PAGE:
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Democrats Pitch Health Forum as Fund-Raiser

July 24, 1993|ROBERT A. ROSENBLATT | TIMES STAFF WRITER

WASHINGTON — In an effort to fatten its political war chest, the Democratic Senatorial Campaign Committee is urging health industry lobbyists and executives to pay $5,000 to attend an "issues forum" featuring high-ranking Clinton Administration officials who will make crucial decisions on health care reform.

Next week's closed-door session will "discuss the current status of President Clinton's health care package, the upcoming debate as it is formulated into law by Congress and the potential effects on the nation's corporate sector," according to invitations from Sens. John D. (Jay) Rockefeller IV (D-W. Va.) and Bob Graham (D-Fla.).

Forum speakers will include Secretary of Health and Human Services Donna Shalala; Karen Pollitz, her deputy assistant secretary for health legislation, and Steve Ricchetti, the chief White House liaison official for the Senate.

The solicitation does not appear to violate restrictions on fund raising or lobbying. But it is clearly targeted at organizations and individuals whose economic interests could be strongly affected by details of the President's reform package and who might fear that they would be deprived of important information if they decline the invitation.

It is relatively common for members of Congress to speak about pending legislation at events sponsored by private interest groups. But the health care forum stands out because it links a big-ticket fund-raising event with a high-profile political issue with enormous implications for the health care industry.

The Democratic Party, which now controls the White House after an absence of 12 years, sees an opportunity to attract large sums of money from businesses and groups worried about the impact of health reform and other issues.

The health care forum "is part of a regular series of meetings we have throughout the year and informational sessions we schedule in Washington and elsewhere," said Ken Klein, spokesman for the senatorial campaign committee.

There is no pressure, implied or otherwise, to participate, he said. Attendance is "a reflection of interest in topics of the day. If we have a meeting on jobs and the economy, a lot of people who are interested in jobs and the economy will attend," he said.

Invitations were sent to more than 1,000 prospective members, according to Klein.

Shalala "meets in her office with any interested group that wants to meet with her," said HHS spokesman Victor Zonana. "If somebody is paying in the hope of hearing some inside information, they are getting cheated. Anybody can hear her for free--she was on C-Span last week."

A person who wants to participate in next Thursday's session must agree to join either the campaign committee's Business Roundtable, or a more exclusive group called the Leadership Circle.

It costs $5,000 annually to join the round table, which hosts six breakfasts a year with Senate Democratic leaders and Administration officials. Responding to the latest invitation, 10 new members had signed up as of Friday to participate in the health care forum.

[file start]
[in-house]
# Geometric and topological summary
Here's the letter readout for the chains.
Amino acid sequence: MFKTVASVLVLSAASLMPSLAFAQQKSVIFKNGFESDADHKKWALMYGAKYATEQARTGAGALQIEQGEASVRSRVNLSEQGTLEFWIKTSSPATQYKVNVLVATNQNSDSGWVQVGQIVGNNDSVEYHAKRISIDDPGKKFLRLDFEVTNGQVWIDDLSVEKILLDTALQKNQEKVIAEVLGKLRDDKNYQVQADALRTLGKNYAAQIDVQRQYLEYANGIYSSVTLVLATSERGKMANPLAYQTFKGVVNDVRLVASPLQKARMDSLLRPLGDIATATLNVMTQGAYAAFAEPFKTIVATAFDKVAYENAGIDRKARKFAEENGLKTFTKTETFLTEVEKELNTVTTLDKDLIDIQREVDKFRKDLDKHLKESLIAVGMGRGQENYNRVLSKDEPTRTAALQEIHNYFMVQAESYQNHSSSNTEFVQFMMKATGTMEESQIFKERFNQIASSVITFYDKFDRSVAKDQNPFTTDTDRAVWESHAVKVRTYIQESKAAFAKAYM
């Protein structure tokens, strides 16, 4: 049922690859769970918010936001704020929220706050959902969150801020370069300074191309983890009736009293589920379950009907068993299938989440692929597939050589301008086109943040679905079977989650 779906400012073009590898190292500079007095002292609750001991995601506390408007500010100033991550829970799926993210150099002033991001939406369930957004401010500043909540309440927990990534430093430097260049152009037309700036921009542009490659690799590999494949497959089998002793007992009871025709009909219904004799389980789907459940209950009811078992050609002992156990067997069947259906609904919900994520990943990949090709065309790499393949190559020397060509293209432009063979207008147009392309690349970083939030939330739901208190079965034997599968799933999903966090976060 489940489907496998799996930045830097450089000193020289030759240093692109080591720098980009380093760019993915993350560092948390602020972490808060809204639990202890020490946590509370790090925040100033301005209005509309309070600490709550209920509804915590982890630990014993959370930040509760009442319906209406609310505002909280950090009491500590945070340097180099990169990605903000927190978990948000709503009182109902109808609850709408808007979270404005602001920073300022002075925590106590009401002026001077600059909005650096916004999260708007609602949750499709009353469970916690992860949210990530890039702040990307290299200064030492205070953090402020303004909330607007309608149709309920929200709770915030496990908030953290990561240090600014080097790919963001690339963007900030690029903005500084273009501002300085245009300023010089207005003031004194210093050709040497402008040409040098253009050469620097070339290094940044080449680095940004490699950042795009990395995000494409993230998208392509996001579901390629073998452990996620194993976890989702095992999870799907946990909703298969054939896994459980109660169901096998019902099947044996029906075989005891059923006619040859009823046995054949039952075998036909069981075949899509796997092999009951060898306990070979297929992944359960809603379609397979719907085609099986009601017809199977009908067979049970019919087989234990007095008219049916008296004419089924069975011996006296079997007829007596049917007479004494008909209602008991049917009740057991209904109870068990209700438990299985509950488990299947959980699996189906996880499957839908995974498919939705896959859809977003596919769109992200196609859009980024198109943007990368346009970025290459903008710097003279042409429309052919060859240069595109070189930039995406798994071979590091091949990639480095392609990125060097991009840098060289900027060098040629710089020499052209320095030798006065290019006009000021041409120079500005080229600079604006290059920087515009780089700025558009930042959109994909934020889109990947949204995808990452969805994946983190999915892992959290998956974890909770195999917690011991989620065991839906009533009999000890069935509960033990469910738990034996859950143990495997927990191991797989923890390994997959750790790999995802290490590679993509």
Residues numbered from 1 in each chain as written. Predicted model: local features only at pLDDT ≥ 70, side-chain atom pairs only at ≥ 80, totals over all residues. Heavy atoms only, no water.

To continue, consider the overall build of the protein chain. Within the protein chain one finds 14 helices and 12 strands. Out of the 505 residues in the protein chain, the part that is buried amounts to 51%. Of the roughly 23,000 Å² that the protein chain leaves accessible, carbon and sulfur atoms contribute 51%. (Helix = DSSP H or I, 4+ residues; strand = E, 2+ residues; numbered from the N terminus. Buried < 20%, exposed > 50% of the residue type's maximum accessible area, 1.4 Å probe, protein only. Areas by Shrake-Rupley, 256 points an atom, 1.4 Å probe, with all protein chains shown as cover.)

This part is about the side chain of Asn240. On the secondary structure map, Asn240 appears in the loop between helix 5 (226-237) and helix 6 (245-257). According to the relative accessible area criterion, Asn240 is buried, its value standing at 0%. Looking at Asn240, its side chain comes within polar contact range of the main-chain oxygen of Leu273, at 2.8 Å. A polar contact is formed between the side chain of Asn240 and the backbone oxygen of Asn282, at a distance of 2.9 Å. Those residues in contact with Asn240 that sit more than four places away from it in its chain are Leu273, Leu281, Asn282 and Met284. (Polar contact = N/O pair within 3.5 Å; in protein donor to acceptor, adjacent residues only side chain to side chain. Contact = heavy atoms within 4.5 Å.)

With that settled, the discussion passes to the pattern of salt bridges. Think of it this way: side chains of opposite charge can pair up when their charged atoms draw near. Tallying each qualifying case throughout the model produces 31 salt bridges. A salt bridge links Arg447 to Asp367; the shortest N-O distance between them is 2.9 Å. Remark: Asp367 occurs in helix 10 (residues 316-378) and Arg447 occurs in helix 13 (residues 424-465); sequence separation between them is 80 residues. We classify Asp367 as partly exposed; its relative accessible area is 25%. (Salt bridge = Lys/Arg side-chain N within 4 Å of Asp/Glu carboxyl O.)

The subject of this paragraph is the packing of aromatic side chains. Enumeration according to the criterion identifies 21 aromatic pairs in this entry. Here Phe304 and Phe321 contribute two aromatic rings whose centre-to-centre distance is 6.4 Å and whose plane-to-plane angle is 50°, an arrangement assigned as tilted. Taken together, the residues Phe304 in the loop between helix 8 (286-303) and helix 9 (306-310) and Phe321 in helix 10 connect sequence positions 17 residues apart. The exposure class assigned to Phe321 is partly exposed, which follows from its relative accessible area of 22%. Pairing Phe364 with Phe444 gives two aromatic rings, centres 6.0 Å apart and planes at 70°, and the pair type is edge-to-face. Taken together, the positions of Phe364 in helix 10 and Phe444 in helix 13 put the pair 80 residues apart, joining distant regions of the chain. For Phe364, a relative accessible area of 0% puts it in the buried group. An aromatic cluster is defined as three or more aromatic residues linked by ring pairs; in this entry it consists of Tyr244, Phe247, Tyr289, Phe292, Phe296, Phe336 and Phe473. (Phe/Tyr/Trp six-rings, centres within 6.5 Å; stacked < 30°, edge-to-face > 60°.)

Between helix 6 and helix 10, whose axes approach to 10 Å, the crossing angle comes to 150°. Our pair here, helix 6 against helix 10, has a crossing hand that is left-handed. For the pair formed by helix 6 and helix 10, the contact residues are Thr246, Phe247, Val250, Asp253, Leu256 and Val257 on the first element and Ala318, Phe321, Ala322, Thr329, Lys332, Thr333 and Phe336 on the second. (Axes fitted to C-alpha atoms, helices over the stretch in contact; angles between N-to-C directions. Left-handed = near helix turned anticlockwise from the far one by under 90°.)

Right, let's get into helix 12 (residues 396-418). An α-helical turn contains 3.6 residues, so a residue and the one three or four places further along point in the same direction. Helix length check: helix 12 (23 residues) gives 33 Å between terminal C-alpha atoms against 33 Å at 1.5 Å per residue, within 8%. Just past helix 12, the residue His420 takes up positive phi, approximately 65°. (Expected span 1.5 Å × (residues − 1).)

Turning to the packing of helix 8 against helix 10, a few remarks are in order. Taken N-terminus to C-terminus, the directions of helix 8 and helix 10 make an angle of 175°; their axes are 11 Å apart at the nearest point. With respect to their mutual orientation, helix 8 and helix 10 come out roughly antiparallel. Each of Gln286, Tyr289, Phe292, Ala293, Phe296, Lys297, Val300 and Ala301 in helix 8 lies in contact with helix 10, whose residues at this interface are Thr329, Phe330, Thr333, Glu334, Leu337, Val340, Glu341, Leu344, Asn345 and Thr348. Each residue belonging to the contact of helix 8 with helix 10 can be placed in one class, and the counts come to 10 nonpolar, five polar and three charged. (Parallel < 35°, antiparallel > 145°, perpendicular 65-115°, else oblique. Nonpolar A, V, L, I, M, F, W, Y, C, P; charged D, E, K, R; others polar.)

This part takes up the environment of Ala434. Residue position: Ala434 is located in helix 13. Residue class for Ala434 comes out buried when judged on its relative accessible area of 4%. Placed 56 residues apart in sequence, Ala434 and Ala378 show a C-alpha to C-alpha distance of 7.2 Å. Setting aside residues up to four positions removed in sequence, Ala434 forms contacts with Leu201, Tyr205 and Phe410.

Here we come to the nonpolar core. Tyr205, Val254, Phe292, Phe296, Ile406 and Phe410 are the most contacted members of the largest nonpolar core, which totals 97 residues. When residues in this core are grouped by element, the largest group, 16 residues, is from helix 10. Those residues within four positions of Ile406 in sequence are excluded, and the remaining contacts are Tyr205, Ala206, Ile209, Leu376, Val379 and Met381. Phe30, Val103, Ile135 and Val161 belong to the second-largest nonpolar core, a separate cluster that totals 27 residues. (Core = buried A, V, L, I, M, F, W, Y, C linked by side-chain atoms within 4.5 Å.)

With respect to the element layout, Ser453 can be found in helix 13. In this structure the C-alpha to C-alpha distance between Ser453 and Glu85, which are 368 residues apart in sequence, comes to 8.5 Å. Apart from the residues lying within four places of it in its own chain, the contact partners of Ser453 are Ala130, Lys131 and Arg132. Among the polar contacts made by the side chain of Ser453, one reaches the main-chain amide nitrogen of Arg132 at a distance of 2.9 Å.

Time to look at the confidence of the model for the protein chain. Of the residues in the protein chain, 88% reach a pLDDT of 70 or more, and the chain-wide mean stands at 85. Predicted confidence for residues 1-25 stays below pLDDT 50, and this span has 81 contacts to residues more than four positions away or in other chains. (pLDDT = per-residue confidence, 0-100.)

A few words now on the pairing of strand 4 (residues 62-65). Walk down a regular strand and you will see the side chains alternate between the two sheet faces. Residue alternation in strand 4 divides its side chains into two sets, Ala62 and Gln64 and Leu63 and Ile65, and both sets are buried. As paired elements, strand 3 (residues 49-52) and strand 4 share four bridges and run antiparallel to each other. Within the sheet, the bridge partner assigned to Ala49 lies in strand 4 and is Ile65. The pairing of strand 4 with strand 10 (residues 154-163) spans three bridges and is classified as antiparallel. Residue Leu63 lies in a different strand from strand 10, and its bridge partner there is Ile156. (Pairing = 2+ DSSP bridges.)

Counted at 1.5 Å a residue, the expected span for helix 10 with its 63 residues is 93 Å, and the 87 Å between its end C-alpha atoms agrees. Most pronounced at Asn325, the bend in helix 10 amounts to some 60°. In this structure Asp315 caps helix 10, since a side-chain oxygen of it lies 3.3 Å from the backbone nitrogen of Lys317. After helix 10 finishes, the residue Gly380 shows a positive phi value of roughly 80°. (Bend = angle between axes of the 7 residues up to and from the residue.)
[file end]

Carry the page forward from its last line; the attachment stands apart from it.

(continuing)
It costs $15,000 a year to join the Leadership Circle, but any new member who pays $5,000 to attend Thursday's health care meeting can count the donation toward the cost of the annual dues, sponsors said.

The circle offers more perks than the round table, including seminars and weekend retreats with senators and Cabinet members. And there are special events, including a March weekend at baseball spring training in Florida, the Preakness horse race in May, a white-water rafting trip in West Virginia and a trip to the 1994 Super Bowl in Atlanta--all in the company of key Democratic senators.

The invitation to Thursday's event describes the Leadership Circle as the "premier donor program for the Washington community with a schedule that includes issues conferences in Washington and informal events around the country."

The round table and the circle have a combined total of about 1,000 members, but party officials hope that events such as the health care forum will swell the membership rolls considerably.

About 200 to 250 of the current members are expected to attend the breakfast, with a smaller number staying for the full program, which runs until 2 p.m.

Klein said that previous speakers at round-table meetings included Labor Secretary Robert B. Reich and Transportation Secretary Federico Pena. A two-day session in May covering a variety of topics featured appearances by Shalala, Education Secretary Richard W. Riley, Interior Secretary Bruce Babbitt, Housing and Urban Development Secretary Henry G. Cisneros and U.S. Trade Representative Mickey Kantor.

But next week's meeting is devoted exclusively to health care. Aside from Clinton's tax and budget bill, the Administration's health reform measure will be its single biggest domestic initiative.

Shalala's breakfast speech will be followed by a panel discussion directed by Sen. Rockefeller, a key Democrat on health issues. Panel members will include Sens. Thomas A. Daschle (D-S.D.) and Harris Wofford (D-Pa.), Pollitz from HHS, Ricchetti from the White House, Prof. Theodore R. Marmor of Yale and Dr. Mary Jane England, president of the Washington Group on Health, an advocacy group.

Sen. Majority Leader George J. Mitchell (D-Me.) will address the group at lunch.

The Senate campaign committee raised $25 million in 1992 from all activities, including direct mail appeals, dinners and political events, according to Klein. He did not indicate how much of the money came from members of the Business Roundtable and the Leadership Circle.

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